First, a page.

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“Stop Killing Us!”

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By Safai Karmachari Andolan:

Editor’s Note: “A journey of pain and anguish, launched by safai karamcharis (manual scavengers), to tell the country & the government to ‘STOP KILLING US’ in dry latrines, sewers & septic tanks”, the Bhim Yatra which began on 10th December 2015, finally concluded at the Jantar Mantar in Delhi on 13th April 2016, just on the eve of Dr. B.R. Ambedkar’s 125th birth anniversary. Traveling across 500 districts in 30 states, the protestors marched for their rights from Dibrugarh in Assam, to Kanyakumari, to Kashmir and finally arrived in the capital. Following is the full text from a pamphlet distributed by the Safai Karmachari Andolan at the protest site:

We, the safai karamcharis, have completed the Bhim Yatra, with the message to the country and the government to “Stop Killing Us!” in manual scavenging, dry latrines, sewers and septic tanks. The Bhim Yatra, in honour of Dr. B. R. Ambedkar, has travelled from 10th December 2015 across the country for 125 days to 500 districts and 30 states. We have gathered on 13th April 2016, the eve of the 125th birth anniversary of Dr. B. R. Ambedkar at Jantar Mantar Delhi, calling this country to stand with us in our struggle to fulfill Baba Saheb’s dream of achieving our right to life, liberty and equality.

AixD-1IDvwYkBj8FL1E7_rBENx8Zgf5l3CCJ0uOT992vFrom generation to generation, safai karamcharis have been forced to manually scavenge society’s human excreta from dry latrines, sewer lines and septic tanks. For decades, we have been telling this country and government to stop this violence and discrimination against us. Our fundamental rights to life and dignity are being constantly violated with no regret or remorse. The 1993 Manual Scavenging Prohibition Law was never implemented and no convictions were made during the 20 years it was in force. In 2013, the Parliament passed the new 2013 Manual Scavenging Prohibition Act, in 2014 the Supreme Court passed the judgement order on our PIL to prevent deaths in sewer lines and septic tanks and compensate those who died since 1993. The government has made and remade laws and schemes. Time and again, deadlines and dates were set to end manual scavenging. Nothing changed. Manual scavenging the manifestation of untouchability and caste oppression is shamelessly continued till date. Deaths continue to occur with alarming frequency. It is just irony and hypocrisy, that our politicians and parliamentarians miss no opportunity to praise Dr. B. R. Ambedkar, while they allow Dalits to die day after day in manholes, across the country. Bhim Yatra has placed this shame before the public to stir up the nation’s conscience.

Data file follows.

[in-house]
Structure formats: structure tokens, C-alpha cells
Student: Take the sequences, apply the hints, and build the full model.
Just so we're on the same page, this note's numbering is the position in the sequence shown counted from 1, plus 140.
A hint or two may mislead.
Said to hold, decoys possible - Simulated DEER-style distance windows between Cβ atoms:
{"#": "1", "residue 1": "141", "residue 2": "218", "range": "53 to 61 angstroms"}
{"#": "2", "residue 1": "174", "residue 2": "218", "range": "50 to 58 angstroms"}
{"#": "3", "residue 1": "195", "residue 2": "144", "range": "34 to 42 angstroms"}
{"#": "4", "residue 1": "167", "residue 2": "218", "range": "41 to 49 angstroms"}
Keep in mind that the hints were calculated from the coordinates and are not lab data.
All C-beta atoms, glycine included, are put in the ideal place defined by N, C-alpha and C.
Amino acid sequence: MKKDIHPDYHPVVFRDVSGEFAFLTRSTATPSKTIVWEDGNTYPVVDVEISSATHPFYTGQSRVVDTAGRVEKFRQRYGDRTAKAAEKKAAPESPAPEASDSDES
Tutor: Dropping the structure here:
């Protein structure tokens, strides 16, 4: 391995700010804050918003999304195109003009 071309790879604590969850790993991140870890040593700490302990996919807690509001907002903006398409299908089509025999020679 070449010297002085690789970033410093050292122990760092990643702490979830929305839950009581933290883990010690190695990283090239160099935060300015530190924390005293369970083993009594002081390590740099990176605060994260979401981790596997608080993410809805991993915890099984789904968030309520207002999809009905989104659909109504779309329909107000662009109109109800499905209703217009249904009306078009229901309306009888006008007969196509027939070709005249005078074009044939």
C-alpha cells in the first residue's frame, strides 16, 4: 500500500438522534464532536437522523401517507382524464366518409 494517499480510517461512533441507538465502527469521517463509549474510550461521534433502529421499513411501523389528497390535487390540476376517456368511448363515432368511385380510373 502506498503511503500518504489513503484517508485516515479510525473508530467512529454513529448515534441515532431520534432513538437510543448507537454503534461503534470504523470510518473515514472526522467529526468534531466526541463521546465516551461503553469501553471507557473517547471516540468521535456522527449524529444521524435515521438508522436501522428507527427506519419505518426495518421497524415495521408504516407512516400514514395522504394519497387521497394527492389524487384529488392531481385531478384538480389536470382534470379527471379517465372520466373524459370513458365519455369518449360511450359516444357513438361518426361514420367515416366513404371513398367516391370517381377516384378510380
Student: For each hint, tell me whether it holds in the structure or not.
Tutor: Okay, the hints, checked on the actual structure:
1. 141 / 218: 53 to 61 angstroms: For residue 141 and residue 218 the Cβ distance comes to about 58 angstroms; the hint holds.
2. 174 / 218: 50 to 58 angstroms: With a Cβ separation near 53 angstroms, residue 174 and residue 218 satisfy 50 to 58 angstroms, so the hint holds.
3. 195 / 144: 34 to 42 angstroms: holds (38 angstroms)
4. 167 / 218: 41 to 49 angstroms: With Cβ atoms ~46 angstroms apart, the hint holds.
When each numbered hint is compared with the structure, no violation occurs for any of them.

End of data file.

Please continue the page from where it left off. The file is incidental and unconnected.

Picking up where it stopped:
“Enough is enough,” we will not tolerate this violation anymore. The Bhim Yatra went from basti to basti, of all districts and states, with Ambedkar’s cry “educate, agitate and organize”. The Bhim Yatra has gone around the country telling our people of our rights and entitlements in the Prohibition of Employment of Manual Scavengers and their Rehabilitation Act 2013, the Supreme Court order of March 2014 and the rehabilitation schemes. We are asking this government, ‘why only digitization, why not mechanization and modernization of our sanitation system’?

We demand from the Government of India

1. To tender an apology to the safai karamchari community for the historical injustice and centuries of humiliation of making us manual scavengers.
2. To eliminate manual scavenging immediately, without any further delay or postponement. We will not accept any more deadlines that were extended in the past, from time to time.
3. Stop the deaths in sewer lines and septic tanks at all costs. Modernize and mechanize the sanitation system and do whatever it takes to stop killing people in sewer work.
4. Pay Rs. 10 lakhs as mandated by the Supreme Court order, to dependants of persons who died in sewer lines since 1993 without any hassles or hesitation.
5. Enhance the one time cash payment of immediate relief to liberate manual scavengers from Rs. 40,000 to Rs. Five lakhs.
‘Bhim yatra zindabad, zindabad’
‘Awaz do, hum ek hain’
‘Nahi sahenge, nahi sahenge
Aur atyachar nahi sahenge’
Ek Din Bharat Bole JAI BHIM JAI BHIM

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An ambassador and trained facilitator under Eco Femme (a social enterprise working towards menstrual health in south India), Sanjina is also an active member of the MHM Collective- India and Menstrual Health Alliance- India. She has conducted Menstrual Health sessions in multiple government schools adopted by Rotary District 3240 as part of their WinS project in rural Bengal. She has also delivered training of trainers on SRHR, gender, sexuality and Menstruation for Tomorrow’s Foundation, Vikramshila Education Resource Society, Nirdhan trust and Micro Finance, Tollygunj Women In Need, Paint It Red in Kolkata.

Now as an MH Fellow with YKA, she’s expanding her impressive scope of work further by launching a campaign to facilitate the process of ensuring better menstrual health and SRH services for women residing in correctional homes in West Bengal. The campaign will entail an independent study to take stalk of the present conditions of MHM in correctional homes across the state and use its findings to build public support and political will to take the necessary action.

Saurabh has been associated with YKA as a user and has consistently been writing on the issue MHM and its intersectionality with other issues in the society. Now as an MHM Fellow with YKA, he’s launched the Right to Period campaign, which aims to ensure proper execution of MHM guidelines in Delhi’s schools.